The new regulations introduced for this new championship meant significant modifications being made to the MC12. What were the main changes made to the car?
“The rule changes were made to reduce the performance of the ‘old generation’ cars like the MC12, the Corvette C6R, and the Aston Martin DB9R and bring them into line with the new range of cars like the Ford GT40, the Lamborghini LP670 and the Nissan GT-R. The idea is to create a healthy and balanced mix for the new world series.
The 2010 version of the MC12 was modified to adopt a new twin rear spoiler, one set further forward and lower than it was in 2009. A wooden skid block was added car’s belly just like those used in Formula 1. This stretches from the car’s front axle to its rear axle, is 300 mm wide and 25 mm thick.
The ‘FIA spec engine ECU’ was fitted. This is supplied to all the teams by Magneti Marelli with a single piece of software that allows the FIA to download the car’s data for its ‘Balance of Performance’ analyses. With the new engine control unit in place, traction control was eliminated. The engine restrictors have been reduced from 30.4 mm to 30.1 mm so that they meet the regulations. Finally, the car’s weight was taken to the minimum of 1200 kg”.
What challenges did you face in developing the 2010 car?
“The definition of the MC12’s ‘2010 package’ called for a series of simulations and aerodynamic calculations before we settled on a balanced solution that allowed us to best interpret the FIA’s indications; not an easy task. The new engine control unit meant a lot of set up work on the test bench and out on the track. The freezing of the whole ‘2010 package’ after two Balance of Performance track tests (at Algarve at the beginning of February and at Paul Ricard at the end of that month) came late on. This meant a real effort on everyone’s behalf make sure all the parts arrived and for testing the car. These were completed only on the evening of Sunday 14 March, just in time for the test drive at Fiorano, the day the MC12 was sent to Abu Dhabi for the season’s opening race.”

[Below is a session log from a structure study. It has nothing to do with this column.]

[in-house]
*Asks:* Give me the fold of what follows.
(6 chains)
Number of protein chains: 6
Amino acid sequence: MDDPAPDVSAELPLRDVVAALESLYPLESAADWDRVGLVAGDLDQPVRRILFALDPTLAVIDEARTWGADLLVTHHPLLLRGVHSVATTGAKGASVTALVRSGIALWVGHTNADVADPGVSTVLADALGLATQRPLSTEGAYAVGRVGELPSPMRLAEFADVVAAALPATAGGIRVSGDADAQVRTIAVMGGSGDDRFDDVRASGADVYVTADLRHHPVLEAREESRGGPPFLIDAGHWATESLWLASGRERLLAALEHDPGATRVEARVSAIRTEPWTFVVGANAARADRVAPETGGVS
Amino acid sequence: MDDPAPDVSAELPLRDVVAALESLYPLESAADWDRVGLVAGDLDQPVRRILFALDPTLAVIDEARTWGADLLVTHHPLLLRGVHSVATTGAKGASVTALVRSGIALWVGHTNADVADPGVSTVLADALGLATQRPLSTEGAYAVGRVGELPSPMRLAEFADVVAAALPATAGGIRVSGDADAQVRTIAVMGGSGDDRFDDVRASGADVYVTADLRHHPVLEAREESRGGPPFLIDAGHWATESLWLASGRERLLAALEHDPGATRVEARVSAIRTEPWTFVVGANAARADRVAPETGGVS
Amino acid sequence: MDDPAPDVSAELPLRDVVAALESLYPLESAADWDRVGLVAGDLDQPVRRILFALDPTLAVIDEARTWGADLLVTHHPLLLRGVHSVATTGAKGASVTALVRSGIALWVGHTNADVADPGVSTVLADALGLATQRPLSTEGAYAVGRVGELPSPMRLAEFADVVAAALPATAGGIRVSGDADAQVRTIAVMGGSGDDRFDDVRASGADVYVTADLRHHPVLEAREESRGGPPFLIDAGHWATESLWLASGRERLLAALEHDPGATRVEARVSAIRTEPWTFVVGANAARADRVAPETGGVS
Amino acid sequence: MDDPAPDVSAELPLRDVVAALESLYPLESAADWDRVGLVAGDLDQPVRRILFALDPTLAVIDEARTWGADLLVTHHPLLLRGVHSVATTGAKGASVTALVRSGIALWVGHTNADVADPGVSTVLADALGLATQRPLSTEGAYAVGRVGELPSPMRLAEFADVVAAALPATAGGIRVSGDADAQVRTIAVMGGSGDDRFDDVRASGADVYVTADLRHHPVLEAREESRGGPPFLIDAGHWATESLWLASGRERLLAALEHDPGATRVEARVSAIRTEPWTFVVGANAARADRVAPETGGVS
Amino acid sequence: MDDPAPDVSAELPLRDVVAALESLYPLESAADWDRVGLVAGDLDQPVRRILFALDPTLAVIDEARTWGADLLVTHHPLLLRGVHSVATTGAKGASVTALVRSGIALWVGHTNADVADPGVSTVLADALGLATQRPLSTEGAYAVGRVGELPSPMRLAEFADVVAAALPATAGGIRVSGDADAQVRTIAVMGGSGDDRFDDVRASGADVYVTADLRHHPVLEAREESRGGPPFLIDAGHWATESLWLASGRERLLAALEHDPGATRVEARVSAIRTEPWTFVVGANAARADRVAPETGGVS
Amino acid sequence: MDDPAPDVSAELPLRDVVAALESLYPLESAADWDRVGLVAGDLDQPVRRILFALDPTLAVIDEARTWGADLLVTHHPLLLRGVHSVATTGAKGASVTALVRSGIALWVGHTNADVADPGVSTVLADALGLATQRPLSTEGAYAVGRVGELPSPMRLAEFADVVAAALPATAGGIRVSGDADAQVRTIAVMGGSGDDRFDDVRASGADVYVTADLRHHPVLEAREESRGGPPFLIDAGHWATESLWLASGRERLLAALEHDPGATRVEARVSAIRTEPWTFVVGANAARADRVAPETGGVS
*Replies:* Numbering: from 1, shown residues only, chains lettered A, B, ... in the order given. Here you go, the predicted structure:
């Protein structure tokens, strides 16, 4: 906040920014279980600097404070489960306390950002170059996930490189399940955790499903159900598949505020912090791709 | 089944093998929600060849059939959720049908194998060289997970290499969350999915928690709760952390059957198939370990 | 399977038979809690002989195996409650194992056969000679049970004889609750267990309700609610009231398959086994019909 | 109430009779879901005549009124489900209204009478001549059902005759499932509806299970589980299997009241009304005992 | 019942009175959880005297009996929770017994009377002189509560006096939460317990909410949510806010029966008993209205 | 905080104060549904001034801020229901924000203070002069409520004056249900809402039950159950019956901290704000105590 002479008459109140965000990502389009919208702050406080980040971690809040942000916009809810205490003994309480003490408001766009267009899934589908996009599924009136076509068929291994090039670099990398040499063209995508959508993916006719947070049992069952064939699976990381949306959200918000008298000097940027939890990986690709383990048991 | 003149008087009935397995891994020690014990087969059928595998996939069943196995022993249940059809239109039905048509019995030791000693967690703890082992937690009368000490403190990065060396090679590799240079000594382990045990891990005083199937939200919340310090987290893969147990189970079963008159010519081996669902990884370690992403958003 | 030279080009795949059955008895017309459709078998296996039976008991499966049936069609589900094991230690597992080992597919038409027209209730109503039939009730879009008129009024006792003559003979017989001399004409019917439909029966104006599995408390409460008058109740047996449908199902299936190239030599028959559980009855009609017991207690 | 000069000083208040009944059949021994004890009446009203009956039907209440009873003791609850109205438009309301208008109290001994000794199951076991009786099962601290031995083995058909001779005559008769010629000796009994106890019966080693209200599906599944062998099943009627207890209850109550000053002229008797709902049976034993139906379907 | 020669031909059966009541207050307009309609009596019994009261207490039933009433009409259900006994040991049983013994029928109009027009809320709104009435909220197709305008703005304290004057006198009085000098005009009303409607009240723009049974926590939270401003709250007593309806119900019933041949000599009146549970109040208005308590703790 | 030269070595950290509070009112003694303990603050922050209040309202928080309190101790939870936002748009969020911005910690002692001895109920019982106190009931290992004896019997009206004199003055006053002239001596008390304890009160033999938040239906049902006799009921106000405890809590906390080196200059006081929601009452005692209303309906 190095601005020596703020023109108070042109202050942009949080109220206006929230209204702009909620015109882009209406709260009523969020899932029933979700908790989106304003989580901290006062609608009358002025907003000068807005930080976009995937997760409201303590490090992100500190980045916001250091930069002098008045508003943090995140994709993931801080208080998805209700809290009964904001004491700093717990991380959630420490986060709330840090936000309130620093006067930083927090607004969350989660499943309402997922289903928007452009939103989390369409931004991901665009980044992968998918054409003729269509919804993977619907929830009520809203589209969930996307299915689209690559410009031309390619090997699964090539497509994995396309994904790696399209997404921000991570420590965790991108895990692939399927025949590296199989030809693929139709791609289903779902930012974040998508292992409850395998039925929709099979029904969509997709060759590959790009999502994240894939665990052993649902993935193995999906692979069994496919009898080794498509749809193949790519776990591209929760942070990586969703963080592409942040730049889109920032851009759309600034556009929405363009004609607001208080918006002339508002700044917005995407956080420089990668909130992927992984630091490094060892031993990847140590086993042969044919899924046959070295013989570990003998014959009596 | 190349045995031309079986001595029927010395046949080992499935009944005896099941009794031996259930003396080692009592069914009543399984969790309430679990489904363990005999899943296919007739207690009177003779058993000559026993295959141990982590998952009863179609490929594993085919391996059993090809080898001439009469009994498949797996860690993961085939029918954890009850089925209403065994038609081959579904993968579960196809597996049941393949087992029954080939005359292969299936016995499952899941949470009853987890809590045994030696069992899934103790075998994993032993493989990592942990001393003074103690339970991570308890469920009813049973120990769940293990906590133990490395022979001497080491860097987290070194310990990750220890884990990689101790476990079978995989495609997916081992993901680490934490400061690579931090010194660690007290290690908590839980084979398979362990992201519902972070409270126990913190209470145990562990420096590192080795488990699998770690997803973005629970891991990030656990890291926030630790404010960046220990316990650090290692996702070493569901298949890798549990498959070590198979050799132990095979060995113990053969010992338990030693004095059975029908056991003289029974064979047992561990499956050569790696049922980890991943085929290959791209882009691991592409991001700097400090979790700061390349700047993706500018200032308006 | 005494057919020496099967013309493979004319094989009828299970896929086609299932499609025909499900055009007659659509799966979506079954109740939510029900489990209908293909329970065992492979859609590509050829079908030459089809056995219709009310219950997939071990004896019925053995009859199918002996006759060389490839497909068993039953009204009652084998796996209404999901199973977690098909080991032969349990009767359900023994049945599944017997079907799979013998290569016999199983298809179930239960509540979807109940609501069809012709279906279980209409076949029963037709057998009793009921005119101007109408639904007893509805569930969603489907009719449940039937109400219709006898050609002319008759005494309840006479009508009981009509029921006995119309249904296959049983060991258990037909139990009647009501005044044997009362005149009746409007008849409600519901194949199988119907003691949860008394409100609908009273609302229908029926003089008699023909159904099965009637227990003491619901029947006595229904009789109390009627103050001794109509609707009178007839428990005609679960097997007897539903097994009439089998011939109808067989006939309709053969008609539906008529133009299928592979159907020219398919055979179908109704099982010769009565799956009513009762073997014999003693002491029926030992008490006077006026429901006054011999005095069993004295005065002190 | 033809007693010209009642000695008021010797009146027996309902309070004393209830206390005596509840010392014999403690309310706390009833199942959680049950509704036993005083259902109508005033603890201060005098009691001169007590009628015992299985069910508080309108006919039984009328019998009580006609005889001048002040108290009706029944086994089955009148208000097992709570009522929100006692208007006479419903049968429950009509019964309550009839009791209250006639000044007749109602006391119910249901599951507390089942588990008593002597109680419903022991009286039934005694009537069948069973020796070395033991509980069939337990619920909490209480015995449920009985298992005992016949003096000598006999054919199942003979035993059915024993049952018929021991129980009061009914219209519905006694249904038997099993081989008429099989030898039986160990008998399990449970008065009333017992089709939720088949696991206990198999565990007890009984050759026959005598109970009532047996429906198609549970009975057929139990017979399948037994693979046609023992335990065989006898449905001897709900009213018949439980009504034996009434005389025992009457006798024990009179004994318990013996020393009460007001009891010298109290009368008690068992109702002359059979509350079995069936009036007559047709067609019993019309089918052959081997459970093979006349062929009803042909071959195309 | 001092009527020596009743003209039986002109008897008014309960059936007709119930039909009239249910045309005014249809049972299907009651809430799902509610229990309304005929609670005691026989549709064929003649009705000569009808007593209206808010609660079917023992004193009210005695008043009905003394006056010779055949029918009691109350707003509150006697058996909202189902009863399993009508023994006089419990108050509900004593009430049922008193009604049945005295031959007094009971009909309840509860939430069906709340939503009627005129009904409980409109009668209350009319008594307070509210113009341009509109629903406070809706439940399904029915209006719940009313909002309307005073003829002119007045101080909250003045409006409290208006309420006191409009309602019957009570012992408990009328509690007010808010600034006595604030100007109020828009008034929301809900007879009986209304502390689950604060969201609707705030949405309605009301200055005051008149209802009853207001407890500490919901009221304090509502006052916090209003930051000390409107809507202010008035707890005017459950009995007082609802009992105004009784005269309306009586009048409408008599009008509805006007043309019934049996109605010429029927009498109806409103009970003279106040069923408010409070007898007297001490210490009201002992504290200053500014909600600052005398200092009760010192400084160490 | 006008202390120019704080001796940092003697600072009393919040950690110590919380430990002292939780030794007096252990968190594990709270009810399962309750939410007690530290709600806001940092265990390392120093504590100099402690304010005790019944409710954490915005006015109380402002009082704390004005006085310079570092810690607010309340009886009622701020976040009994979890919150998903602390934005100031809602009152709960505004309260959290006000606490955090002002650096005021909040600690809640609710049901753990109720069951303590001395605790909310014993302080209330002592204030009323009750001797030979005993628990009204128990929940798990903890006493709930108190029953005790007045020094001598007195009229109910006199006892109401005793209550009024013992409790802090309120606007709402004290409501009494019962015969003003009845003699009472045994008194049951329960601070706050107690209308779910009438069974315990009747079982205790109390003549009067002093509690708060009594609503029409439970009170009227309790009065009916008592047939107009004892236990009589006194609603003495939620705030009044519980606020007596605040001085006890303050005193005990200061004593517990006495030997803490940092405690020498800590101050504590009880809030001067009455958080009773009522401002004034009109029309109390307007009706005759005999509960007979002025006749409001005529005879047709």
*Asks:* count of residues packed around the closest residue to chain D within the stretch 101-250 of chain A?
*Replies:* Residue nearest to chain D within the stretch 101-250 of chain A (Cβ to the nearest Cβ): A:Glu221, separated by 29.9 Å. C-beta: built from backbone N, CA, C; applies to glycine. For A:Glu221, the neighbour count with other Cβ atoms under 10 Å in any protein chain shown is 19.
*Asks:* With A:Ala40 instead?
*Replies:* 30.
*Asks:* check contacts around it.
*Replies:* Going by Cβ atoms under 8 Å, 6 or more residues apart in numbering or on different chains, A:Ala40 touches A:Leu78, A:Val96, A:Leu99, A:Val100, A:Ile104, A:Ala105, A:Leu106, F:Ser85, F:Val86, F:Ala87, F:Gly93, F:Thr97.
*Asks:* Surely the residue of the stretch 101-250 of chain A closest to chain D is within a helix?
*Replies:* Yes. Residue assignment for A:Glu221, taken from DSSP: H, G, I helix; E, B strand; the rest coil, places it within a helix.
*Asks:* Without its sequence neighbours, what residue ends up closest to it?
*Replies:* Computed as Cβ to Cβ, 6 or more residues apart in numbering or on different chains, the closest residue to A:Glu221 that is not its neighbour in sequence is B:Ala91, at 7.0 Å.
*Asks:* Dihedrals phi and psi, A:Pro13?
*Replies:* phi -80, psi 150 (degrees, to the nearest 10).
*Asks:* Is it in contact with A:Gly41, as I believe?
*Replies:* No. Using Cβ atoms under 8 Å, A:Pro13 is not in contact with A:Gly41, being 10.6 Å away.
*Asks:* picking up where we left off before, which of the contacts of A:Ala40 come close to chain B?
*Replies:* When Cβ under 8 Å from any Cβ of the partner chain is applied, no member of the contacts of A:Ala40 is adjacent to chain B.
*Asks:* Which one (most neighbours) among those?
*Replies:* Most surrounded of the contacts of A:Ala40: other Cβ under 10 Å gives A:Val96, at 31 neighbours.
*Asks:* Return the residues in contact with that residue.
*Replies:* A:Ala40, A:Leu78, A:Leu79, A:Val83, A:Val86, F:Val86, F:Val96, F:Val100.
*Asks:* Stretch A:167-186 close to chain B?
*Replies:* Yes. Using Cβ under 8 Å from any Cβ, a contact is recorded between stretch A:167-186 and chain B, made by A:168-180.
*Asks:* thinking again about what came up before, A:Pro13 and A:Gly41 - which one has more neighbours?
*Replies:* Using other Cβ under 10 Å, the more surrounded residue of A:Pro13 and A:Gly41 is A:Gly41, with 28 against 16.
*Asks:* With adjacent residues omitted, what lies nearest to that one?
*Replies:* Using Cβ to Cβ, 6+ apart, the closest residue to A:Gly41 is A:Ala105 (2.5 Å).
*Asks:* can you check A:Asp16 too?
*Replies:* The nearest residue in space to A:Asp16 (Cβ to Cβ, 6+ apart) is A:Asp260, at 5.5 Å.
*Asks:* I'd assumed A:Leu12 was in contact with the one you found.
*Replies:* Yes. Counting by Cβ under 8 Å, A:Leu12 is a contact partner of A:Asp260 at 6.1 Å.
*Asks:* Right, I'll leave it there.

What are your expectations for the season ahead?
“With 24 cars lining up at the start, six different constructors, and top level drivers like reigning champions Andrea Bertolini and Michael Bartels as well as others like Karl Wendlinger and Mika Salo, I think that it will be a really exciting season”.
Vitaphone Racing Team and Triple H Team Hegersport, who will be racing in the MC12, will be fielding mostly unknown crews apart from Bertolini/Bartels.
“Our Maserati client teams have quick crews this year. The Bartels-Bertolini duo for Vitaphone Racing Team will be out to defend their title and win their fourth crown. Vitaphone’s other pairing will be made up of Miguel Ramos and Enrique Bernoldi, an ex-Formula 1 driver who did well in last year’s championship in the Team Sangari Corvette.
The Triple H Team Hegersport (THTH) team will be led by its owner, Altfrid Heger who will be sharing the drive with ex-DTM man, Alex Margaritis. In their second car will be Bert Longin (another with Corvette experience) and Matteo Bobbi, making a comeback to the MC12 after starring last year in the Maserati Vitaphone-DHL.”
Looking at the competition, who do you think are Maserati’s closest rivals for the title?
“I think that the older cars, even though they have been slowed by the FIA’s ‘2010 package’ of regulations, are still the cars to beat so I would say Corvette and Aston Martin.
We know all about the Corvette from last year. It’s powerful 7 litre V8 and 31.2mm restrictors means the American car’s engine performs well, especially when accelerating and at the start. The new regulations call for two hour-long races and not one two-hour event and so we will be doubly affected.
The Aston DB9R makes a return after a year away from FIA action with a new-generation ACO Le Mans model. The same 2010 package modification has also been applied to this car”.
What do you think about how the series has evolved?
“The changes made to the GT championship meet the needs of the promoter (SRO) to find a format of races that appeals to those watching on TV. This would ensure not only its survival but also the growth of the series through increased media coverage.
The requirements laid down by the FIA for holding a world championship were, for SRO, difficult to meet. What made things tougher was the financial restrictions in today’s current economic climate, something that doesn’t affect just motorsport. While we are pleased to be part of it all, I think this new format is a move away from GT’s original philosophy and its classic endurance events where cars are designed to be reliable; a feature that also characterises Maserati’s roadgoing cars. However, times change and we have to adapt until the FIA, with the input of the constructors, clarifies what the future of GT racing will be”.